Mutual Understanding

The leopards, in turn, seem to consider humans no threat. While, elsewhere in India, some 90 to a hundred are killed and nearly a thousand people are injured by leopards every year. But despite the high concentration of leopards, there’ve been no attacks on people in Bera for over a century, apart from one unfortunate incident 20 years or so ago when a leopard snatched a one-year-old in Vellar village. The girl’s family, however, considers themselves to blame, having left her wrapped in a bundle out in the open, near the cattle shed, late in the evening. When they shouted, the leopard dropped the child and ran off.

Santosh Kunwar Chauhan, now 24, and her family are undaunted by her brush with the predator, believing it even auspicious, the canine marks on her neck a talisman. She’s nicknamed Setri—the local word for a female leopard. Convinced the leopard made a genuine mistake, the villagers of Vellar still allow their children to play out in the open.

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Close to a village temple, a female leopard waits for nightfall, when she’ll seek out a feral dog, goat, or calf as prey. When a village loses livestock to a leopard, they see it as an offering to the god Shiva.

It’s an astonishingly forgiving response in a country where poisoned meat is routinely left out for leopards and tigers that stray into farmland and villages. Many Rabari believe it is their dharma—their religious duty—to respect wildlife, feeding wild peacocks and langur monkeys at temples, for example.

But there’s a practical element too. The leopards’ presence is welcomed for keeping neelgai antelope, wild boar, and chinkara (Indian gazelles) away from crops of cotton, maize, wheat, mustard, and groundnut.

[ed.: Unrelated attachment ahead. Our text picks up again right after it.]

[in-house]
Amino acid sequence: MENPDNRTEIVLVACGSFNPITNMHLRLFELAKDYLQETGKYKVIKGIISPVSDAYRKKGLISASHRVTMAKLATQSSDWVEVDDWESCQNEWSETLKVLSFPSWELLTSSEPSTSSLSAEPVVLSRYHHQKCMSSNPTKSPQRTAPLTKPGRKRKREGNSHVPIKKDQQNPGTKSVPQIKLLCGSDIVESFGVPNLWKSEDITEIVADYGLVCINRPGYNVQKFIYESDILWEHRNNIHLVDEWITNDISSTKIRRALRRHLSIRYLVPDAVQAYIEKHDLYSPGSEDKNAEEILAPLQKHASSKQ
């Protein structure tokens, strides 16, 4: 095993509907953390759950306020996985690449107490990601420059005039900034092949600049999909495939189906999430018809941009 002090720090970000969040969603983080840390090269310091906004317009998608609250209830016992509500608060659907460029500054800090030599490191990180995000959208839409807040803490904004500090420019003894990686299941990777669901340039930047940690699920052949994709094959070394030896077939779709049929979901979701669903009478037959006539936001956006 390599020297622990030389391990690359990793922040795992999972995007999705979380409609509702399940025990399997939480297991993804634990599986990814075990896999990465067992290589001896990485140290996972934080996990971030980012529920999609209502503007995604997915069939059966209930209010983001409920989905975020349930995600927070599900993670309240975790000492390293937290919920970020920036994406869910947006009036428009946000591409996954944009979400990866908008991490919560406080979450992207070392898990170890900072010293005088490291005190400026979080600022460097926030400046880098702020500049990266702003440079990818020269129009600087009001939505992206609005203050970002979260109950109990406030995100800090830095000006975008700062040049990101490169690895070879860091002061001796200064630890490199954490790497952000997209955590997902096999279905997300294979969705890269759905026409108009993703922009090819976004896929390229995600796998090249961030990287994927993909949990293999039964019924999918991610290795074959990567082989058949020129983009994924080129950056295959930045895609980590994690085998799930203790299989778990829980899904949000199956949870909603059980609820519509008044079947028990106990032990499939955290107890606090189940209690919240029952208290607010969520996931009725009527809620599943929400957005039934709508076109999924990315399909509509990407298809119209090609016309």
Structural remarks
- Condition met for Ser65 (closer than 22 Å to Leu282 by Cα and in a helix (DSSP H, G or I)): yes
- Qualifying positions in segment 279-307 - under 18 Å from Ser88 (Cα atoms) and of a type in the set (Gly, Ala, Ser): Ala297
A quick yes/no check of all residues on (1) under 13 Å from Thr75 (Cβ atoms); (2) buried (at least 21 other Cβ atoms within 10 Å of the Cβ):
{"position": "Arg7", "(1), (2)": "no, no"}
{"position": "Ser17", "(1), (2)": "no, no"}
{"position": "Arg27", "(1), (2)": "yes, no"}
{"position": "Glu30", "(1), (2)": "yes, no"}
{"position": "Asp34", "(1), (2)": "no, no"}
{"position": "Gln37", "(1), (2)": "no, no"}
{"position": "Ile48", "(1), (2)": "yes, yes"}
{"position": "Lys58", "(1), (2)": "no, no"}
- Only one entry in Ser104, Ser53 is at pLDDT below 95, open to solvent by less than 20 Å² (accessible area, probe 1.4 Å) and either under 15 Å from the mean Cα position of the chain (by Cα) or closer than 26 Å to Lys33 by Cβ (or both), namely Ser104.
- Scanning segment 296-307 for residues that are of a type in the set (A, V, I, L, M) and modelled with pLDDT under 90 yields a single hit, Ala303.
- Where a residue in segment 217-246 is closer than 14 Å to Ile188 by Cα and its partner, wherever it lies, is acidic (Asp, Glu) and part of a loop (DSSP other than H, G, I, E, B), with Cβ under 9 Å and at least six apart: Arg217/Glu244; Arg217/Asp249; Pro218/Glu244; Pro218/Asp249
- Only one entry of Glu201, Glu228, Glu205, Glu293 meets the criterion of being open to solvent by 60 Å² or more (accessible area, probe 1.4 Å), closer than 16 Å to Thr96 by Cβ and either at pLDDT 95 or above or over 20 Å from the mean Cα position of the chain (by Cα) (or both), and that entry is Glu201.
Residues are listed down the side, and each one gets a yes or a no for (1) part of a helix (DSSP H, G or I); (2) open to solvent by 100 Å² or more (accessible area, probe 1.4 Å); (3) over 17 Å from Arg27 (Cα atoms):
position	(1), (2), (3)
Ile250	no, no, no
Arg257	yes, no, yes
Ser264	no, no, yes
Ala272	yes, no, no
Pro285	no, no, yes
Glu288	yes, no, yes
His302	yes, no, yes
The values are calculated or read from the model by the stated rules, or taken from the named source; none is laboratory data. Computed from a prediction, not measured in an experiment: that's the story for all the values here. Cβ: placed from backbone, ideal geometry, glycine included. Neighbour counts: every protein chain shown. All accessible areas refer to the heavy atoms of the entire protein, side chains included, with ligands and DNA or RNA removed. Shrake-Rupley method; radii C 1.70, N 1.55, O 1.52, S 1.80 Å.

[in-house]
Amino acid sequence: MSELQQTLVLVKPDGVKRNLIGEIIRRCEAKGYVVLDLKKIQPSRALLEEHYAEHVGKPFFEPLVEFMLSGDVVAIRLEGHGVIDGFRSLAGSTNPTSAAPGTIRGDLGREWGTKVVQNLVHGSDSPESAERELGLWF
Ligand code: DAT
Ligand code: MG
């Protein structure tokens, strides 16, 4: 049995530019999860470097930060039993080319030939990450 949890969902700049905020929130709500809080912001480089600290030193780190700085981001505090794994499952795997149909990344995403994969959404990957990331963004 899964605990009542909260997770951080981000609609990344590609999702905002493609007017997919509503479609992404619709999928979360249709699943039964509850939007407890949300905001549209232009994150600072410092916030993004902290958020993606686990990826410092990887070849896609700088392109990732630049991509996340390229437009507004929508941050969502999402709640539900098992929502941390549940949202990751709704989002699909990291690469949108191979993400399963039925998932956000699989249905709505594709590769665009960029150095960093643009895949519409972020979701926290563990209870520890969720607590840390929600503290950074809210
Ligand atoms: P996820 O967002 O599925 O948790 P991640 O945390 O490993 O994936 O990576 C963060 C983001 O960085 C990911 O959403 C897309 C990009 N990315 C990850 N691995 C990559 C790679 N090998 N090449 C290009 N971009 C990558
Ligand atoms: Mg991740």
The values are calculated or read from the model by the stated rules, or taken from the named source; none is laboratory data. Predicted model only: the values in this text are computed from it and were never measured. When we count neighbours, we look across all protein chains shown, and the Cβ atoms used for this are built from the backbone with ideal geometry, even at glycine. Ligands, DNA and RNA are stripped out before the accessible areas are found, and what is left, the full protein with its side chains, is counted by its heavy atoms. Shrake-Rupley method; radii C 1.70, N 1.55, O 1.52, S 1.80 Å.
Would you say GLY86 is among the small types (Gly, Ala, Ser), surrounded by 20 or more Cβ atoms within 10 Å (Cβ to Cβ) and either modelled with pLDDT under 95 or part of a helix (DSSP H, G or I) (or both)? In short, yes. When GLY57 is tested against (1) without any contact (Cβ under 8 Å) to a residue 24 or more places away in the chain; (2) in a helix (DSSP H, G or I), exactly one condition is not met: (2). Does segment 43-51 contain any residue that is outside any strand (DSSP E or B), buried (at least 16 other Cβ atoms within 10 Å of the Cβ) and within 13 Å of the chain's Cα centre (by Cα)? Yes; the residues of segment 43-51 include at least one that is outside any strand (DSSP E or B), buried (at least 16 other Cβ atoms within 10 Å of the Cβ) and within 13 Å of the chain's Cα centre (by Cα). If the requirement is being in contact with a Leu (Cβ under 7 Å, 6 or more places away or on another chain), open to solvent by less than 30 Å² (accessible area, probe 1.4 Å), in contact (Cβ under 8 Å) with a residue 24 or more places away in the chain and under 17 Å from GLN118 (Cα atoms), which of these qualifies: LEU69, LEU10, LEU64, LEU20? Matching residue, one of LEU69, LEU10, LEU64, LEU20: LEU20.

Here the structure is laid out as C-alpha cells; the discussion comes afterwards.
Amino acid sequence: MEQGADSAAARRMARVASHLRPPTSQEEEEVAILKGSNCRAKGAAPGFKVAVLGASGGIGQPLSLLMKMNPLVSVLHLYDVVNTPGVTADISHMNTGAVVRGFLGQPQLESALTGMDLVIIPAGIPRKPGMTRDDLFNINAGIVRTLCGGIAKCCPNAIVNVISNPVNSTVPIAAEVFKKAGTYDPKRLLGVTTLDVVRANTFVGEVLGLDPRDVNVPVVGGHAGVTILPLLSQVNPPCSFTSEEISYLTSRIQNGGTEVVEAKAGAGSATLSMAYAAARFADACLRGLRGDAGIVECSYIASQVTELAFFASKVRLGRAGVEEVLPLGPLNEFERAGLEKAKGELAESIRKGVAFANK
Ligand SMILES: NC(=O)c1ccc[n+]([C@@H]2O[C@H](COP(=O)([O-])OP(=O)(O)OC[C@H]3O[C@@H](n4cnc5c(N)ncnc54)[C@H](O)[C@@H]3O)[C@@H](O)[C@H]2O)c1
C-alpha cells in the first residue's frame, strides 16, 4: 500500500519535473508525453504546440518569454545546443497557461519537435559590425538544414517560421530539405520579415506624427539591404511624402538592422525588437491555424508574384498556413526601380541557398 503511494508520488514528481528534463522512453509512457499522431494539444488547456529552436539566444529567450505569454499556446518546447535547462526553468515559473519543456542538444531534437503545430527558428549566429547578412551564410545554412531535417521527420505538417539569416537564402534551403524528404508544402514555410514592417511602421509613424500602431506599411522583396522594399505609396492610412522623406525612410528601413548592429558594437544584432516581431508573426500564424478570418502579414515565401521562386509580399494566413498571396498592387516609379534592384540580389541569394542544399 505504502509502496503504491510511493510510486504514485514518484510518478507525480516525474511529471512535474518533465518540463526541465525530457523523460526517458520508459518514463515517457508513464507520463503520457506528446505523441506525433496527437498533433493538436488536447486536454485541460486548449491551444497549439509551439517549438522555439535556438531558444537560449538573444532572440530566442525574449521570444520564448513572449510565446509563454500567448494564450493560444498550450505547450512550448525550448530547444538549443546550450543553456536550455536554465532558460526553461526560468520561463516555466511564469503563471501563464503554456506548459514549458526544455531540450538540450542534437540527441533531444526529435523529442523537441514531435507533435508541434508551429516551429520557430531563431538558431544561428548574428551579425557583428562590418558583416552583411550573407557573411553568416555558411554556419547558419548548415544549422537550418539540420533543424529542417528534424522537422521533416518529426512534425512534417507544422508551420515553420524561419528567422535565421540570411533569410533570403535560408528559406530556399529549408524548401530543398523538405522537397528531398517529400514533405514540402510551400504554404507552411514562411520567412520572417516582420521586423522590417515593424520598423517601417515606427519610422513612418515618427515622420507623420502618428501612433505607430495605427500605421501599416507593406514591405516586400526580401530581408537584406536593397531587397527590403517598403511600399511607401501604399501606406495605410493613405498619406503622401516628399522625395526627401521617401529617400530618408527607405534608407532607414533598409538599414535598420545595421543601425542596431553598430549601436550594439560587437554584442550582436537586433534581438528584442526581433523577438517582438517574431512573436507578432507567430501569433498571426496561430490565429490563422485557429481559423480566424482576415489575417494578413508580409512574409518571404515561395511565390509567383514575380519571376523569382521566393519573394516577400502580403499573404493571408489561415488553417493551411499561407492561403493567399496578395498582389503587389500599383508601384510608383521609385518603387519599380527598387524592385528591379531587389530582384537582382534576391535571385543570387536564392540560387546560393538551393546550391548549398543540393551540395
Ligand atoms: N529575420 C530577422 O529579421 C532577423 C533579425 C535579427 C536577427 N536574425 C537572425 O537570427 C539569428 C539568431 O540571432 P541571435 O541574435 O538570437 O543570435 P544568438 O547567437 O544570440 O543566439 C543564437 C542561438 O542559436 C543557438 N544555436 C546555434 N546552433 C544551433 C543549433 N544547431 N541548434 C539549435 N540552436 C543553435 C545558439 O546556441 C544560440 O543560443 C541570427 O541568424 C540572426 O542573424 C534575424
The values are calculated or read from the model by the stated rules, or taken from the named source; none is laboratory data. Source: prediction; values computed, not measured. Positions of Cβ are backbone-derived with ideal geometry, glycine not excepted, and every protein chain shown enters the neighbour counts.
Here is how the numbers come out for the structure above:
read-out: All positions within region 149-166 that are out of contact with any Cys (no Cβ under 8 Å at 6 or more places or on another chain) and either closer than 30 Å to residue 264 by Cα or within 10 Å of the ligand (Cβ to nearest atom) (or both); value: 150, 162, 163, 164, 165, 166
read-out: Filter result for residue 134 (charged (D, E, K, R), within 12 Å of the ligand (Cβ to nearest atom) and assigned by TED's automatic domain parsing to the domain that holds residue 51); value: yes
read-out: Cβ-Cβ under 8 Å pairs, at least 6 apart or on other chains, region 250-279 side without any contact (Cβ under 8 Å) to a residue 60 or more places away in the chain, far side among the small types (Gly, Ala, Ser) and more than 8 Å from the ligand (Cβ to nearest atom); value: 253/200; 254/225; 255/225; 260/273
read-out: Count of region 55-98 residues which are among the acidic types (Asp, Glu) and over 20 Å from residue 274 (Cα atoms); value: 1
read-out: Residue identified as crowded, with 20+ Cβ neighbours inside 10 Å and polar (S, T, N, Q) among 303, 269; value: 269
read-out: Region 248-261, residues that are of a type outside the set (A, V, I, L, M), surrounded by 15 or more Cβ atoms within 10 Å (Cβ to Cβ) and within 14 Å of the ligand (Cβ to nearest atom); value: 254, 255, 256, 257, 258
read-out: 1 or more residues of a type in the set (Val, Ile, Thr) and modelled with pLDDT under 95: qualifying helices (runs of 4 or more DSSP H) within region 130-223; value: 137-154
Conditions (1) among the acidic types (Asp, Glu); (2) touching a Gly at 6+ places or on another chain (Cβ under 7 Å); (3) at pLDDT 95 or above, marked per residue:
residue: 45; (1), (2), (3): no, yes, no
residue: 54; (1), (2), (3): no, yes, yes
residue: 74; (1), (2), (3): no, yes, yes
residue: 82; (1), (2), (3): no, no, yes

With livestock easy pickings, and a plentiful supply of stray dogs (the leopards’ standard fare), numbers of leopards are higher amongst the ten villages of Bera than on any wildlife reserve. One female recently raised a litter of four, thought to be a world record. Behavior is different, too. Leopards are generally loners, but in Bera it’s possible to see as many as five adult leopards together.

A favorite leopard haunt is a cave adjoining a small temple set 30 feet up in the crevice of a rocky outcrop. The evening we visited, villagers were climbing the steps with offerings, unconcerned that a young male leopard was emerging from the shadows with his sister. Just as nonchalantly, the leopards padded across the mouth of the cave and flopped down on a lookout rock. Fully grown, yet still playful, they rubbed muzzles and swatted each other with soft paws. They seemed indifferent to our vehicle and two others from a neighboring camp that had joined us, but at 7:30 p.m. we backed off and left them to it. The curfew is self-imposed by the Rabari, who have a saying: “The day belongs to humans, but nights belong to the leopard.”

Local Businesses Versus Hotel Industry